I grew up with the story of my birth: the horror, the pain. The stitches, the tears, the trauma. The blood vessels that burst all over my mother’s beautiful 21-year-old face, and the way she sobbed when she saw her own reflection. ‘You pushed with your face,’ the midwife told her at the time – and she didn’t even know what that meant.
They say that you’re likely to labour and birth like your mother, and this stuck with me too, of course. So, upon getting pregnant with my first child, I felt I had two options. One, an elective Caesarean – ‘I’ll take control of this,’ was the thinking, ‘so that I don’t suffer the same fate as my mother.’ No pain during labour, no unknowns. The other was something that would instil a sense of calm and belief in me. Make me know that I could do it and that my body would be OK at the end.
So, I prayed to the god of Google and found The Gentle Birth Method (Thorsons, £16.99). The book, written by doctor and doula Gowri Motha, talked about preparing the body for birth in the same way that one prepares for a marathon. A way of eating, breathing and thinking that supports the body’s own inherent constitution – something called Ayurveda.
What is Ayurveda?
It is India’s 5,000-year-old science of medicine, pre-dating all complete systems of medicine. Ayurveda is holistic – considering mind, body and spirit with each and every piece of advice. It believes that food is medicine, and that by eating foods that are seasonal, and naturally support our body type, we will flourish. It understands that eating more of the right foods will make us feel happier and eating more of the wrong ones can dull our senses. There are three main doshas, or constitutional types: vata, pitta and kapha. Ayurveda believes that we are all made of varying degrees of five elements – air, ether, water, fire and earth. The doshas are also made up of these elements. It is a symbolic shortcut to understanding how we are ‘built’ from the minerals that make up our bones and teeth (earth), to the energy in our cells and digestive systems (fire).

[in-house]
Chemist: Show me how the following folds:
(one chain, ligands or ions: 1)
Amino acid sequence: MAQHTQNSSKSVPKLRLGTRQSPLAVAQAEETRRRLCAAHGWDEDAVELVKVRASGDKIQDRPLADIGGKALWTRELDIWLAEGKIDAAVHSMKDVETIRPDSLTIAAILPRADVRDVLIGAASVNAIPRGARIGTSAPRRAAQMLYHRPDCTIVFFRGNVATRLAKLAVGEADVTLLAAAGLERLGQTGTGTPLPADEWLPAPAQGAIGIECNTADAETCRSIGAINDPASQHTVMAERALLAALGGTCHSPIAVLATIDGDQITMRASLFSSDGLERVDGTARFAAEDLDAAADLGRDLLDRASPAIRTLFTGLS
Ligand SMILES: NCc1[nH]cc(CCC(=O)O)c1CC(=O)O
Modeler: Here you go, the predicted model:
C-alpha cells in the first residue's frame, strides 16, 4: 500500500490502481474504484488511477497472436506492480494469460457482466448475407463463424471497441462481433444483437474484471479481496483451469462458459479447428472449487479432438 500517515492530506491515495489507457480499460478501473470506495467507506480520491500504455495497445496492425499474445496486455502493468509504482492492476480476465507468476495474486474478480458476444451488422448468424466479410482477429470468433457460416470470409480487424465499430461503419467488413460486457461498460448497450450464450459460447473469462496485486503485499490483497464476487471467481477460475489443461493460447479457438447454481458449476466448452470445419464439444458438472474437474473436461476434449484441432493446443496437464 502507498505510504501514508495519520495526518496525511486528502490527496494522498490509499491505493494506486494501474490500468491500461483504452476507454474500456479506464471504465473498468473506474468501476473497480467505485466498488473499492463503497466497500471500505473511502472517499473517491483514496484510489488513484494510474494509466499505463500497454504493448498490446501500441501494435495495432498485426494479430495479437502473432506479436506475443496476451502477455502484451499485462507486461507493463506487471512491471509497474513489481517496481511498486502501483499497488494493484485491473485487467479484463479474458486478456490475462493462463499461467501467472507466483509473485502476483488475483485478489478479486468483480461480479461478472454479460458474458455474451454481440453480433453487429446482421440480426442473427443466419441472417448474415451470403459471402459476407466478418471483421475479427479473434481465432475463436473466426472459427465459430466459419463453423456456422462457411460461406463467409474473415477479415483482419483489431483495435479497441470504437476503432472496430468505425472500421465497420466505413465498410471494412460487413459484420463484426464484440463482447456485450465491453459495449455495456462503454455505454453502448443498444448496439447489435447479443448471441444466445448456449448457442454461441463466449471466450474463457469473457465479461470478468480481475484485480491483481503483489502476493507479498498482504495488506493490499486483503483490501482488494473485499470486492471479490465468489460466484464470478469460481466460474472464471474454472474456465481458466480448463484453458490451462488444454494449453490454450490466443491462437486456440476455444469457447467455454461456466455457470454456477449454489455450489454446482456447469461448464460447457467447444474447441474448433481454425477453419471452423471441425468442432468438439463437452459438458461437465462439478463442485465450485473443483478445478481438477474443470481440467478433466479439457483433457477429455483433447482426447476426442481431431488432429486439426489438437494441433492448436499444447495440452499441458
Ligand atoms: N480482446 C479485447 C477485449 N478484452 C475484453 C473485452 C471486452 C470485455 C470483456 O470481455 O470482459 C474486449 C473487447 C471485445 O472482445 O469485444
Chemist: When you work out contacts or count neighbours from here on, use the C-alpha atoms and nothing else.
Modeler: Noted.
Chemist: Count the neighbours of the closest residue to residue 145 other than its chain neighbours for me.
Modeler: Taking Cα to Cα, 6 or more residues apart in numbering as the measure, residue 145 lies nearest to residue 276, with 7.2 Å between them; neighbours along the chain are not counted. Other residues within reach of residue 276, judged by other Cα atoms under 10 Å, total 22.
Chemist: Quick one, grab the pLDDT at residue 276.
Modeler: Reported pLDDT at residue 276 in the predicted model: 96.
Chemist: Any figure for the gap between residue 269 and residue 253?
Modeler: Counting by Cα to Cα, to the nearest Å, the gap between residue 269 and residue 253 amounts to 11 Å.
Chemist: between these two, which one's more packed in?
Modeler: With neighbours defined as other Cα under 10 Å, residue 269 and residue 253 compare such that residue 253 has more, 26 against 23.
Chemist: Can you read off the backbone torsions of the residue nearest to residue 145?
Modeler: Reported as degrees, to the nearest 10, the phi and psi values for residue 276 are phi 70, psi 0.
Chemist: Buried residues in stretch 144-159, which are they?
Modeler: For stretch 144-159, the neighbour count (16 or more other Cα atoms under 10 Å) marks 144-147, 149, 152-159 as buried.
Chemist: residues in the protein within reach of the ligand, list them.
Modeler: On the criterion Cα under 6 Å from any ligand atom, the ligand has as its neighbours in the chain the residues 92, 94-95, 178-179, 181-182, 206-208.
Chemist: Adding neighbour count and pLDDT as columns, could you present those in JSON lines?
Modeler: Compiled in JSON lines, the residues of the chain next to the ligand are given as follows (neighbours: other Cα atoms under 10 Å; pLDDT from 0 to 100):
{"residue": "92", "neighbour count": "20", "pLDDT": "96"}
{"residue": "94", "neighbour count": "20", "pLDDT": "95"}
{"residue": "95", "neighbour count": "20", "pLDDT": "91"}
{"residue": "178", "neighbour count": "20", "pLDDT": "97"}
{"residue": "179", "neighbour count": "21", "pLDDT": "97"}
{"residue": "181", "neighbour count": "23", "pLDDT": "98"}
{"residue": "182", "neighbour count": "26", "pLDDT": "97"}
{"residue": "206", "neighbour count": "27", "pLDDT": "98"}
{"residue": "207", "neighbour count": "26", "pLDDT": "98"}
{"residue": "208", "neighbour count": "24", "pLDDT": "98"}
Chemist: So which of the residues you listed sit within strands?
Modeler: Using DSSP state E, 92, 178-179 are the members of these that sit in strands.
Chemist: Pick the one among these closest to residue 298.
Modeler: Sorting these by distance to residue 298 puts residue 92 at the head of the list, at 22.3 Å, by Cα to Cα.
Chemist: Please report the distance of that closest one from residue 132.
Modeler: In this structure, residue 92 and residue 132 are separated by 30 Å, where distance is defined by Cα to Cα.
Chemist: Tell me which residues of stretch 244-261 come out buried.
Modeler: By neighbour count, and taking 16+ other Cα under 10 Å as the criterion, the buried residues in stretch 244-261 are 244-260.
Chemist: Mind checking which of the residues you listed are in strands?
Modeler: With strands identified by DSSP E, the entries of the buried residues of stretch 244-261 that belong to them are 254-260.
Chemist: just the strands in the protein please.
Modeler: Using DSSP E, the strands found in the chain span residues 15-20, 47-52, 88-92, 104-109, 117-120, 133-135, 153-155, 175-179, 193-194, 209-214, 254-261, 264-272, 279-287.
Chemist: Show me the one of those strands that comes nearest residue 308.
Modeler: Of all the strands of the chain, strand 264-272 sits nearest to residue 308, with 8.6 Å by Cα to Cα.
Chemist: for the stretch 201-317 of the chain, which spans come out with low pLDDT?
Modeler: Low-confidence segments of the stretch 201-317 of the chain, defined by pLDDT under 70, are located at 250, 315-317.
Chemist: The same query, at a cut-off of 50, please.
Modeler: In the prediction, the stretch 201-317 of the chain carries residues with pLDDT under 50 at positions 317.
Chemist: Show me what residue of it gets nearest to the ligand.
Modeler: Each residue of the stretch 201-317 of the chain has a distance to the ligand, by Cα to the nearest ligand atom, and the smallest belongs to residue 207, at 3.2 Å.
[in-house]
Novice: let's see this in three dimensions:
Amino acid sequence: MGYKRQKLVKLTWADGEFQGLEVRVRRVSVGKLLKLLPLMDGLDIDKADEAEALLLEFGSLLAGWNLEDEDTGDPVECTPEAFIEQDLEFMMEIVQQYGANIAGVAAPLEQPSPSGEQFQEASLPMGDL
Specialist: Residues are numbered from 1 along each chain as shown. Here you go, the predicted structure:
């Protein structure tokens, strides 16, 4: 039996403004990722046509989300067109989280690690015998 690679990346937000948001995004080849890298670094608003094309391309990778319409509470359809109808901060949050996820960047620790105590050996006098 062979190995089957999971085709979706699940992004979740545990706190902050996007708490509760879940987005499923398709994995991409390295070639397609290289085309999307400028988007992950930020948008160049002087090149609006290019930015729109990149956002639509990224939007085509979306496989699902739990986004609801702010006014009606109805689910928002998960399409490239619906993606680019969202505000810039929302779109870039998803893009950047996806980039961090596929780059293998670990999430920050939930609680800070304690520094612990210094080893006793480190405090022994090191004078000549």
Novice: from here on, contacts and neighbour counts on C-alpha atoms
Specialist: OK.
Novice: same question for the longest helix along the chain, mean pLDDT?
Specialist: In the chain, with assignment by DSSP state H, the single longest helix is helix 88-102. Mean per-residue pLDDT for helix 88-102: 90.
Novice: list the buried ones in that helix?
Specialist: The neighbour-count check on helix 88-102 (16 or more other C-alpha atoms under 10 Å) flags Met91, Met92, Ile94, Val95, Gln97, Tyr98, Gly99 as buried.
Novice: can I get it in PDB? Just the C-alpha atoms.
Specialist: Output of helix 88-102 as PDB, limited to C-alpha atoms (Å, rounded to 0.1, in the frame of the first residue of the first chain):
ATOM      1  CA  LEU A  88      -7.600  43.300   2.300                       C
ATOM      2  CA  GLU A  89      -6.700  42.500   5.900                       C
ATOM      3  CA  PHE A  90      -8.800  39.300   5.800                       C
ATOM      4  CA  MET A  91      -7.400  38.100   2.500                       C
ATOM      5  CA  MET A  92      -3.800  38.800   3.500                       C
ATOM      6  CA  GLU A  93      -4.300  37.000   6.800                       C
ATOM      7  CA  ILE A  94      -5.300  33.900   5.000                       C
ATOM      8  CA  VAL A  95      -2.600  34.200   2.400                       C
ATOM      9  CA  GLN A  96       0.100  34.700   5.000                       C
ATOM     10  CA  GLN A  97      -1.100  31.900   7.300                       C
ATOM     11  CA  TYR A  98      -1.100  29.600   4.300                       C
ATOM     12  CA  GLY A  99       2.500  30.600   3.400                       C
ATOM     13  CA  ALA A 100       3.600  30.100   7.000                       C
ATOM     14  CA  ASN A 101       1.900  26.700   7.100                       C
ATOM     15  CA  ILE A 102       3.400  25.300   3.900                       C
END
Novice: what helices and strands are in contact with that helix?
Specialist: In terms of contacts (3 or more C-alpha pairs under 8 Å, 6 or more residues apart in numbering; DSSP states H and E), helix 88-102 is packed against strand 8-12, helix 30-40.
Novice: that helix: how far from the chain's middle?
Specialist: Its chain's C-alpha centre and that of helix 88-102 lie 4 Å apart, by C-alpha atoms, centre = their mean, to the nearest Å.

Ayurveda believes that being healthy is all about achieving balance within the body. By stabilising those airy, flighty tendencies (vata), cooling down excessive heat (pitta) and drying out cold and damp (kapha, which we experience literally when we have a phlegmy cough), we will harmonise our bodies and be stronger, healthier and more energised – we will be happier, calmer and brighter. And we will also experience sattva – thatpositive and balanced state of mind when we feel we’re at 100 per cent.